The French culture has (had?) the unique capacity in modern history of being the European culture capable of putting forward universalizable ideas and cultural models; none other could do this with the same impact, clarity and durability. So the ideas of the French Revolution, the good and the bad, became the benchmark of civilisation, were copied and adopted all over Europe and the world. The entire constitutional, judicial, political and administrative structure in the Latin countries and in Eastern Europe, for instance, is in general nothing but a CC of the 19th century French development. The "German model", though built in reaction to the French one, incorporates many of its features. On the other hand, many of the ideas, myths, propaganda techniques and so on of the French Revolution, particularly the Jacobite phase, has directly inspired the radical left up to the Boshevik Revolution and even after (it's interestingly the extent to which the Russian revolutionaries, not only the Bolsheviks - Kerenski, the liberal-conservatives, all - thought in terms of comparison with the French Revolution during the Russian revolution.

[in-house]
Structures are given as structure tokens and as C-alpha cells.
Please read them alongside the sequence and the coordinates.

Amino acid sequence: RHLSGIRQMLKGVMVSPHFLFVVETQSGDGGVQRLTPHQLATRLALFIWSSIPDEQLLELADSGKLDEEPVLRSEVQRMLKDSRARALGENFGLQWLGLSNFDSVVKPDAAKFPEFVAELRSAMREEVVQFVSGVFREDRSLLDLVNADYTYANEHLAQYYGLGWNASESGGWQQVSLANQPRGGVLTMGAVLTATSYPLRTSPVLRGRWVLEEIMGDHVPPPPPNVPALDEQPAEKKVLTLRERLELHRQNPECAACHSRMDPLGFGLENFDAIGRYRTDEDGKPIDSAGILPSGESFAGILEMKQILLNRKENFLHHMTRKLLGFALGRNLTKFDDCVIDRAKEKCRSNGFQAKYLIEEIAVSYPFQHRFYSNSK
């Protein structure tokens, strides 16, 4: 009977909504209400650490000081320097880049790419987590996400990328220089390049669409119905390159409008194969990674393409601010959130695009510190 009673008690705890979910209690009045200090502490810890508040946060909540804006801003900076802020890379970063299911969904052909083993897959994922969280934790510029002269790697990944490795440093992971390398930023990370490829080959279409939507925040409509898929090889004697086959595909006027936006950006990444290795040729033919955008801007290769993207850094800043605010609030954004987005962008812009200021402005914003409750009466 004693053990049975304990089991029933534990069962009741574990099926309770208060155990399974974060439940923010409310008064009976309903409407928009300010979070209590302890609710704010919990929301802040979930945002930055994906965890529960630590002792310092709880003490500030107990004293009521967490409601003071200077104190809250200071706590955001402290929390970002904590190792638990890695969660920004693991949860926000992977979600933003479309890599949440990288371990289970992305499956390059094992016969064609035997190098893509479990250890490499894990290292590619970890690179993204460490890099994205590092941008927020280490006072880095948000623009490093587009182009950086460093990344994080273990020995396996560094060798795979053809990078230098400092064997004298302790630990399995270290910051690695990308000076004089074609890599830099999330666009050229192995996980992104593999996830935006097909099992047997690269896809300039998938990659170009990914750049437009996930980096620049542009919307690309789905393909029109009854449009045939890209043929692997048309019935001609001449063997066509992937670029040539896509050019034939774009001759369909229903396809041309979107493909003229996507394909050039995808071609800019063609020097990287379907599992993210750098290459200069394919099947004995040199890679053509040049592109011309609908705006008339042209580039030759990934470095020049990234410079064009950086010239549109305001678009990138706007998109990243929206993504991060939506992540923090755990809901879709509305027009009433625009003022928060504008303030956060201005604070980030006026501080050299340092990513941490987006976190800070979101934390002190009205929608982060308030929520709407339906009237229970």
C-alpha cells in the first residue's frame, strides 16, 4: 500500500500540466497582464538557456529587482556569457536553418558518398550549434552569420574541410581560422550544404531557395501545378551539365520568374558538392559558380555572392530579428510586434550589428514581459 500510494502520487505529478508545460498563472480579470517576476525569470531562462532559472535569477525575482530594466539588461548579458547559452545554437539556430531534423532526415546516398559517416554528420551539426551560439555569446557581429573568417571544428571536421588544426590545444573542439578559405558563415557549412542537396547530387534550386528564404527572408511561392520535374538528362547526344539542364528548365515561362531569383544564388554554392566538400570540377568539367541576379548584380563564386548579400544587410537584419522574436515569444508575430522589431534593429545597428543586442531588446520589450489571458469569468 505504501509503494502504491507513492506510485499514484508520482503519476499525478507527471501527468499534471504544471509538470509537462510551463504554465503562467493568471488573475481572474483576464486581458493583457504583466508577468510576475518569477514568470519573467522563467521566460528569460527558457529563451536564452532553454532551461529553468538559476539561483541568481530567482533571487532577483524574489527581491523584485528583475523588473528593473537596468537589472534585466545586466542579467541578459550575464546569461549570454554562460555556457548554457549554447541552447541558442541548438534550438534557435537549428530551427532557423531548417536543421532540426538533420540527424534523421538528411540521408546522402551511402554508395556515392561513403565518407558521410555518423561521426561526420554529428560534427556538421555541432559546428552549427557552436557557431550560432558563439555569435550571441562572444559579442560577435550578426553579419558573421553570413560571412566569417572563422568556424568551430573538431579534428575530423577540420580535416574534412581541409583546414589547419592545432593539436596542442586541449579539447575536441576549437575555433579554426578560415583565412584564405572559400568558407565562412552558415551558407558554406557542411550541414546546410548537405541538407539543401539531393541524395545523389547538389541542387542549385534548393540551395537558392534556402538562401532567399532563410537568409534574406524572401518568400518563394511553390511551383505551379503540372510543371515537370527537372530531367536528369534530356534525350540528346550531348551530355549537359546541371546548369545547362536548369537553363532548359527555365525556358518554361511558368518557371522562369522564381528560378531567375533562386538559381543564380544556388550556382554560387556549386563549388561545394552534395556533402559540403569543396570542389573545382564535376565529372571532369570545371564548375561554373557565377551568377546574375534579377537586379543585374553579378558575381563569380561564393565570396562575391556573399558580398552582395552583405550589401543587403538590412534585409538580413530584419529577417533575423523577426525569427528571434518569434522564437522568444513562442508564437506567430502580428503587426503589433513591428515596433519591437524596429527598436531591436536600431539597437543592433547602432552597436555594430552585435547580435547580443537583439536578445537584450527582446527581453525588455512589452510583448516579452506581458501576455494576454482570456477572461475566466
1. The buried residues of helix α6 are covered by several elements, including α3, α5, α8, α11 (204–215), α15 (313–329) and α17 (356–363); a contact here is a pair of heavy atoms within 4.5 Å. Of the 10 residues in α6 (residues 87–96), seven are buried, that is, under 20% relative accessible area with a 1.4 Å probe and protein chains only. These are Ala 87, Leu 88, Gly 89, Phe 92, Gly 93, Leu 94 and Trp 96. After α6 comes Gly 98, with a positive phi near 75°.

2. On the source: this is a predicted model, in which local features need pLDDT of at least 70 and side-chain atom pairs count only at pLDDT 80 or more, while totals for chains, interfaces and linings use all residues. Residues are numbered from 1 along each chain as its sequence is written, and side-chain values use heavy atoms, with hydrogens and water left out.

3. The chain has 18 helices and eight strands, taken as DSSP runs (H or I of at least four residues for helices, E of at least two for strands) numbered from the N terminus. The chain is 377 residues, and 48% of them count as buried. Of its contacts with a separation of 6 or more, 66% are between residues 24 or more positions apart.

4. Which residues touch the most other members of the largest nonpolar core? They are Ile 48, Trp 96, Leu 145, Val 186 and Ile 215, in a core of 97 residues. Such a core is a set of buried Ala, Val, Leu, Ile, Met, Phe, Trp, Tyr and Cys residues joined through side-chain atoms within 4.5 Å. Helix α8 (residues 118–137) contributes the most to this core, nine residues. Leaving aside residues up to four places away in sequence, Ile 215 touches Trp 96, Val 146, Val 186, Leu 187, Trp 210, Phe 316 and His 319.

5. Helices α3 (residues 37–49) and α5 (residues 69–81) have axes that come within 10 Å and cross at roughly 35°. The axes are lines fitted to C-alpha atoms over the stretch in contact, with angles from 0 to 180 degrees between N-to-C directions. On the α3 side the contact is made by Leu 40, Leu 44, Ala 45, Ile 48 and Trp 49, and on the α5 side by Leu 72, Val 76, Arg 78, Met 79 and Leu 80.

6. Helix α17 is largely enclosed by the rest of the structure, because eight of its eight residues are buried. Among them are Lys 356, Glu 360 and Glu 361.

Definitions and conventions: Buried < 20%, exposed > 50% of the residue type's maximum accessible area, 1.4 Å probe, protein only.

But in the end, Bastille was empty when the mod stormed it, no political prisoners whatsoever were found, just an empty building, once a symbol of power like the Tower of London, but by then just a place were young rebel aristocrats, like the Marquis de Sade, were punished by the king with the bessing of their tutors who sent him a lettre de cachet....